“Have you ever heard of such nonsense!”
The government (via the central bank) can simply enforce a yield structure onto bond markets. Like it or lump it. If the bond markets don’t like it then the central bank can buy the debt.
Better still, the government can simply avoid issuing debt altogether and deprive the “bond markets” of the corporate welfare.”
 Ingelesez: “Solvency is the ability to repay and service debts determined by the value of assets exceeding liabilities. The value of a nation’s assets is the marketable value of its physical assets and its expected future primary fiscal surpluses plus any seigniorage, while the value of liabilities is its current and likely future debts. Expectations play an important part in judging solvency. In the wake of the financial crisis, the debt burden of many countries has dramatically worsened, leading creditors to question the solvency of even advanced economies much more closely.”
 Ingelesez: “There is never a solvency issue for a currency-issuing government no matter how fancy you want to define the condition. Read: never. Expectations of the private sector play no role in that condition.”
 Ingelesez: “A currency-issuing government can always meet its liabilities as long as they are in its own currency. Its central bank can continuously run with negative capital (in accounting terms) and what we think about the capacity of that type of government to pay up is irrelevant.”
 Ingelesez: “The analysis presented also assumes that Scotland would “join the European Union at the earliest opportunity” and therefore be required to make a “commitment to join the euro, and that timing would be unspecified, but depend on meeting the Maastricht criteria”.
They then spend considerable time estimating that under these conditions, “Scotland would need to run primary surpluses of 3.1% annually order to achieve a Maastricht defined debt to GDP ratio of 60% after 10 years of independence”.”
 Ingelesez: “The fiscal position it would have to adopt depends on its external performance, the spending and saving decisions of its private domestic sector and the degree of real resource slack that it inherits.”
 Ingelesez: “The arrangements regarding the central bank are irrelevant in that regard.
Why not just say it – there is no liquidity or solvency risk facing a currency-issuing government (where the latter embraces the consolidated treasury and central bank)?”
 Ingelesez: “The following points are worth remembering:
A sovereign government in a fiat monetary system has specific capacities relating to the conduct of the sovereign currency. It is the only body that can issue this currency. It is a monopoly issuer, which means that the government can never be revenue-constrained in a technical sense (voluntary constraints ignored). This means exactly this – it can spend whenever it wants to and has no imperative to seeks funds to facilitate the spending.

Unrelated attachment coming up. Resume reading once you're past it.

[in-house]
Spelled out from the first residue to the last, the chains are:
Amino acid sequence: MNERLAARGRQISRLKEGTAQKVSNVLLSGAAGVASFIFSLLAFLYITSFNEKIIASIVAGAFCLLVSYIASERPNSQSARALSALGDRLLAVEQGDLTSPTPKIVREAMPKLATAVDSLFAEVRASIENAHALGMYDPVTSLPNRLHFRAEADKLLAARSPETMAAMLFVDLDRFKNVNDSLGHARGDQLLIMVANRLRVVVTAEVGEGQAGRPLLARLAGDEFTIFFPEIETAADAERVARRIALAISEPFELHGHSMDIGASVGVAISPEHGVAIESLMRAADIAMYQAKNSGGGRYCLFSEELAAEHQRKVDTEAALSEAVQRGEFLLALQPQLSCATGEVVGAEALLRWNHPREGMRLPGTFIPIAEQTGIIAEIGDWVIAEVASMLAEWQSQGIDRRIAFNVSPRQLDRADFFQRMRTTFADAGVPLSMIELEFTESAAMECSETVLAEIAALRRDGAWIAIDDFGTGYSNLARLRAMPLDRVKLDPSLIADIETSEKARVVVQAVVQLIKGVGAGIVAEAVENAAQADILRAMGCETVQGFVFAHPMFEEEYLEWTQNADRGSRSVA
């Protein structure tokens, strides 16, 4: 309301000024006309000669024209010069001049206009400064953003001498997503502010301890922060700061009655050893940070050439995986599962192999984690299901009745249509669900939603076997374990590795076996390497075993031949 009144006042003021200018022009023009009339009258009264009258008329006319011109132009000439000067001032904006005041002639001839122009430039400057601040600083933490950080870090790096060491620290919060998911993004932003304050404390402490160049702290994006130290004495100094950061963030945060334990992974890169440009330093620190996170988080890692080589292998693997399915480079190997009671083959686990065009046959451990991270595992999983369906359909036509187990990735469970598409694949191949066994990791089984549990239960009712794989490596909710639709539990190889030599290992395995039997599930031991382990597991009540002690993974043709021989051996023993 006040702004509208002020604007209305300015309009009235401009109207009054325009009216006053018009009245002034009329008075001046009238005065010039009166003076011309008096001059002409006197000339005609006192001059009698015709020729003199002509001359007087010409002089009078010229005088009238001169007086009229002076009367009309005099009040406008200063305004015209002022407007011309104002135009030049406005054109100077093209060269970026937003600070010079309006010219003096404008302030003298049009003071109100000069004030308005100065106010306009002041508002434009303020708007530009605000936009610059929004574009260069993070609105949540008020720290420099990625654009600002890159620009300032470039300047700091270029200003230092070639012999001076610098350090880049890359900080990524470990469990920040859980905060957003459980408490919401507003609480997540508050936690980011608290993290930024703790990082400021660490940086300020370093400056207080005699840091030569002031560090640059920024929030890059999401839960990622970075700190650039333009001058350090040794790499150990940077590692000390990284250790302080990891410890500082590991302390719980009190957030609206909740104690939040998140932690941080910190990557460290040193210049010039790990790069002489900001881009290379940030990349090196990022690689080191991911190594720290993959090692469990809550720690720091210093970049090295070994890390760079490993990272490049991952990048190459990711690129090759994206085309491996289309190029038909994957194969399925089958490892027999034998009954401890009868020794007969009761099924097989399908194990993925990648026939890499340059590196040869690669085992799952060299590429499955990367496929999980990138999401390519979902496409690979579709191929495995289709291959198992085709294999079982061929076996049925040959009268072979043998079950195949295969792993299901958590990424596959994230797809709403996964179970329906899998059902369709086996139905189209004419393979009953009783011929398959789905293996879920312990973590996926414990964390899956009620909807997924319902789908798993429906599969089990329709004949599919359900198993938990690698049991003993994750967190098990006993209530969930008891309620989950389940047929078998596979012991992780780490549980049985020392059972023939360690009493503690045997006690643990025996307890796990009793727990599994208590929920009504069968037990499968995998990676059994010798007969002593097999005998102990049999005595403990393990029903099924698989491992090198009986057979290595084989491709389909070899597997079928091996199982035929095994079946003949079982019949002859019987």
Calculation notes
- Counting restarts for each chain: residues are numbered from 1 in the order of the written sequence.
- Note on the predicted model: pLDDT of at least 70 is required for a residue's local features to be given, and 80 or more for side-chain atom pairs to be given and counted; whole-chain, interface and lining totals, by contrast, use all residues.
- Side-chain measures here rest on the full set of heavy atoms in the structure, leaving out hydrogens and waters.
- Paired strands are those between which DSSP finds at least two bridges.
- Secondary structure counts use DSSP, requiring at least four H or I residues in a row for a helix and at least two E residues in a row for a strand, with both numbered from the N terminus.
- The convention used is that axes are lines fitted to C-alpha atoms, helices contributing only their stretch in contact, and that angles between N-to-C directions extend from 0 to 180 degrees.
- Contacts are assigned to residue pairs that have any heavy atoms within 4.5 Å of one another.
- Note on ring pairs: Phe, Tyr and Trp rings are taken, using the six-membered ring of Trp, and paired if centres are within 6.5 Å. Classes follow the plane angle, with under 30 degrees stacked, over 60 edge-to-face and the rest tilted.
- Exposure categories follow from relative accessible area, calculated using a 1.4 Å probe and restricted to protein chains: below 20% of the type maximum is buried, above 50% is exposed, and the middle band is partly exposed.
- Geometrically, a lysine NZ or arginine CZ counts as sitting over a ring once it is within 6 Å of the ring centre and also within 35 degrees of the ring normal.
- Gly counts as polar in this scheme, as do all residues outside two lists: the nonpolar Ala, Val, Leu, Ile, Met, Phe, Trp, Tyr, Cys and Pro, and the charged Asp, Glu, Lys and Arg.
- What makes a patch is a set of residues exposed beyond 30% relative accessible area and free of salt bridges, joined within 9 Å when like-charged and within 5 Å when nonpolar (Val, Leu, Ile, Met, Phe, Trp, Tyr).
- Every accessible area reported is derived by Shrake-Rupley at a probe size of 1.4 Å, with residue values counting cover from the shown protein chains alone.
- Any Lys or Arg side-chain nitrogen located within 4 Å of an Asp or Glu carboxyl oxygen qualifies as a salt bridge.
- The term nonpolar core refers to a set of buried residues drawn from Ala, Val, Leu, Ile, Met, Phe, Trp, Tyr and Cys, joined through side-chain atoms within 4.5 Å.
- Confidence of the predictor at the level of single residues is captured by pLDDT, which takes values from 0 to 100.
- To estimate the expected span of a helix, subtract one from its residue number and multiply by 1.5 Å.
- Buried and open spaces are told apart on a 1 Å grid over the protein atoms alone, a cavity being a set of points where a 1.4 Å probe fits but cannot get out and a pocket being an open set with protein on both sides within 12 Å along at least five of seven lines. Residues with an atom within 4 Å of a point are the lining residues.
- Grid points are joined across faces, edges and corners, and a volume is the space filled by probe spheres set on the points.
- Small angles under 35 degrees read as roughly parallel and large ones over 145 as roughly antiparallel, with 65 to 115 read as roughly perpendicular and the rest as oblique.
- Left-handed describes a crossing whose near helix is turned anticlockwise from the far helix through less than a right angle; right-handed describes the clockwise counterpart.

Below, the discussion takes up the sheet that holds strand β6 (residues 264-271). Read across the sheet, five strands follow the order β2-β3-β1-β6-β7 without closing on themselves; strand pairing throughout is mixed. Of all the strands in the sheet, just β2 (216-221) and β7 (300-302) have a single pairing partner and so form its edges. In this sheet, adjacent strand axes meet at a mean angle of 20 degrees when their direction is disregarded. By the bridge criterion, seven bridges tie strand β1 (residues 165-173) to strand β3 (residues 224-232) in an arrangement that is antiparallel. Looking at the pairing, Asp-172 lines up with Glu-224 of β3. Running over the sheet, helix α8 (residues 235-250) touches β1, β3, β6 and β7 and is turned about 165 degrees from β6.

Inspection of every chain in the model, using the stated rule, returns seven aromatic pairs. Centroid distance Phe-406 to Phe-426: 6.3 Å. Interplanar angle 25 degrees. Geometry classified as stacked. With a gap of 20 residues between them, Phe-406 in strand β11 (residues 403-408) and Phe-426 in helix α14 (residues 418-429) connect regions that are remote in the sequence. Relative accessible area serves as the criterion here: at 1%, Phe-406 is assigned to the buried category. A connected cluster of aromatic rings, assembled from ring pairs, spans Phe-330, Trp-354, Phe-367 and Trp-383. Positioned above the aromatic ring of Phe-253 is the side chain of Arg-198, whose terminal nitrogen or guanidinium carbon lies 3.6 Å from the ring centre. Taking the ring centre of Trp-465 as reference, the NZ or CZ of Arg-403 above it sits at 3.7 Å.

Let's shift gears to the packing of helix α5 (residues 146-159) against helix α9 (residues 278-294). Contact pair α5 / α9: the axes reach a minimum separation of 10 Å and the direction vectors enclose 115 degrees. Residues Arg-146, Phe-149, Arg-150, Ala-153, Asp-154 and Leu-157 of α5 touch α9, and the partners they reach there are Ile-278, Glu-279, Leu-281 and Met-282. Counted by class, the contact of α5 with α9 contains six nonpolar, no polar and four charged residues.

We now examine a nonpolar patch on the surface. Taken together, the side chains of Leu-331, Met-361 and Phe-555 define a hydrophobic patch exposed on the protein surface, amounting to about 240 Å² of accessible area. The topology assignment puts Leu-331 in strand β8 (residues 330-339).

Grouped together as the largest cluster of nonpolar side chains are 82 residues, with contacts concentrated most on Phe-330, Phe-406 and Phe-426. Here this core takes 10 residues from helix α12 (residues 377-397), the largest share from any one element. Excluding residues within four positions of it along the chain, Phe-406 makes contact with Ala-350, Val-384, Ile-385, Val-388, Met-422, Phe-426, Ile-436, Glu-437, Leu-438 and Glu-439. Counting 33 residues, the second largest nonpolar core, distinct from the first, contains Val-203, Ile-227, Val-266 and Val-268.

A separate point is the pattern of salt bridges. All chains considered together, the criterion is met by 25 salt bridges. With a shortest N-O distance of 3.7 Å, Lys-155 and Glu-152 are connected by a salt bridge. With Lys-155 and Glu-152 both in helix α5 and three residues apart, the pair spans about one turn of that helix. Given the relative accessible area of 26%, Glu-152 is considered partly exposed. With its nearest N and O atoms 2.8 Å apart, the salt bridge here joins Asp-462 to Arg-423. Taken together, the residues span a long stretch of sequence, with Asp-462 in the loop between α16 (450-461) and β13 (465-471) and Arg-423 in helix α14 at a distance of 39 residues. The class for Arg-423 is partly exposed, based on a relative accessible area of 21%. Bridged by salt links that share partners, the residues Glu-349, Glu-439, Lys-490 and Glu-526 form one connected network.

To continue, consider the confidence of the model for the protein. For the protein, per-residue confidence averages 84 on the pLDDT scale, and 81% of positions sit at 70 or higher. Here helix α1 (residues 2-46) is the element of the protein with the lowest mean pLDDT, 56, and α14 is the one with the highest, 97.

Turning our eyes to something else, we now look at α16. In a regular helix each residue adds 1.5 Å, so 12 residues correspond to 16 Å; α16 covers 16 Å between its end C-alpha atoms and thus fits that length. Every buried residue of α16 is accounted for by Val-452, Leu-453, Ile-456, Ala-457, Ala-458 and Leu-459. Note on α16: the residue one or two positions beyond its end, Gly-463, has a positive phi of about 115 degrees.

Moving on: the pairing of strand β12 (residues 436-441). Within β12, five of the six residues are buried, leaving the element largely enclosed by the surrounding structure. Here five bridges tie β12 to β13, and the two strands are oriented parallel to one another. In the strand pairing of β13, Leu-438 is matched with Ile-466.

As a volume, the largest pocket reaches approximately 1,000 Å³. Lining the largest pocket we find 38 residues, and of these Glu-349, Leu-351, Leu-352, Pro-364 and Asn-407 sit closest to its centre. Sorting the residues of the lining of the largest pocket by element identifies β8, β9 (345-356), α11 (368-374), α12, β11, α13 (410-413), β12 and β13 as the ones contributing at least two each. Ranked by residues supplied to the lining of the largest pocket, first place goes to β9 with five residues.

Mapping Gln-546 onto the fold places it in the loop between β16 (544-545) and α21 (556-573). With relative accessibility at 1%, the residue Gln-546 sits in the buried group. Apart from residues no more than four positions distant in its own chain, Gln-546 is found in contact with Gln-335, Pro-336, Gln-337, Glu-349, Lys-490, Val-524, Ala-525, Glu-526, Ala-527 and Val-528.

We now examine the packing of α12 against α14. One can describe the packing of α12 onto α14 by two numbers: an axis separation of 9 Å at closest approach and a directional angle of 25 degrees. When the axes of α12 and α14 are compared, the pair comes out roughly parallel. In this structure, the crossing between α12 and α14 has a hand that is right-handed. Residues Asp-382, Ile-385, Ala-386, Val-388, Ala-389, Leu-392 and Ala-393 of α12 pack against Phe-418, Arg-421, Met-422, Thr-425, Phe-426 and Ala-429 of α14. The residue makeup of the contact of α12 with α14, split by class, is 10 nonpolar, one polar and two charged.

This is in sharp contradistinctionwith a household (generalising to any non-government entity) which uses the currency of issue. Households have to fund every dollar they spend either by earning income, running down saving, and/or borrowing.
Clearly, a household cannot spend more than its revenue indefinitely because it would imply total asset liquidation then continuously increasing debt. A household cannot sustain permanently increasing debt. So the budget choices facing a household are limited and prevent permanent deficits.
These household dynamics and constraints can never apply intrinsically to a sovereign government in a fiat monetary system.
There is also a sharp distinctionbetween a state within a federal system (which uses the federal currency and has no central banking capacity) and a truly sovereign national government.
A sovereign governmentdoes not need to save to spend – in fact, the concept of the currency issuer saving in the currency that it issues is nonsensical.
A sovereign government can sustain deficits indefinitely without destabilising itself or the economy and without establishing conditions which will ultimately undermine the aspiration to achieve public purpose.
Further, the sovereign government is the sole source of net financial assets (created by deficit spending) for the non-government sector. All transactions between agents in the non-government sector net to zero. For every asset created in the non-government sector there is a corresponding liability created $-for-$. No net wealth can be created. It is only through transactions between the government and the non-government sector create (destroy) net financial assets in the non-government sector.
This accounting reality means that if the non-government sector wants to net save overall in the currency of issue then the government has to be in deficit $-for-$. The accumulated wealth in the currency of issue is also the accounting record of the accumulated deficits $-for-$.
So when the government runs a surplus, the non-government sector has to be in deficit. There are distributional possibilities between the foreign and domestic components of the non-government sector but overall that sector’s outcome is the mirror image of the government balance.”
 Ingelesez: “Denial or ignorance – major changes are required within my profession before it starts to serve the people with sound advice that will advance their well-being.”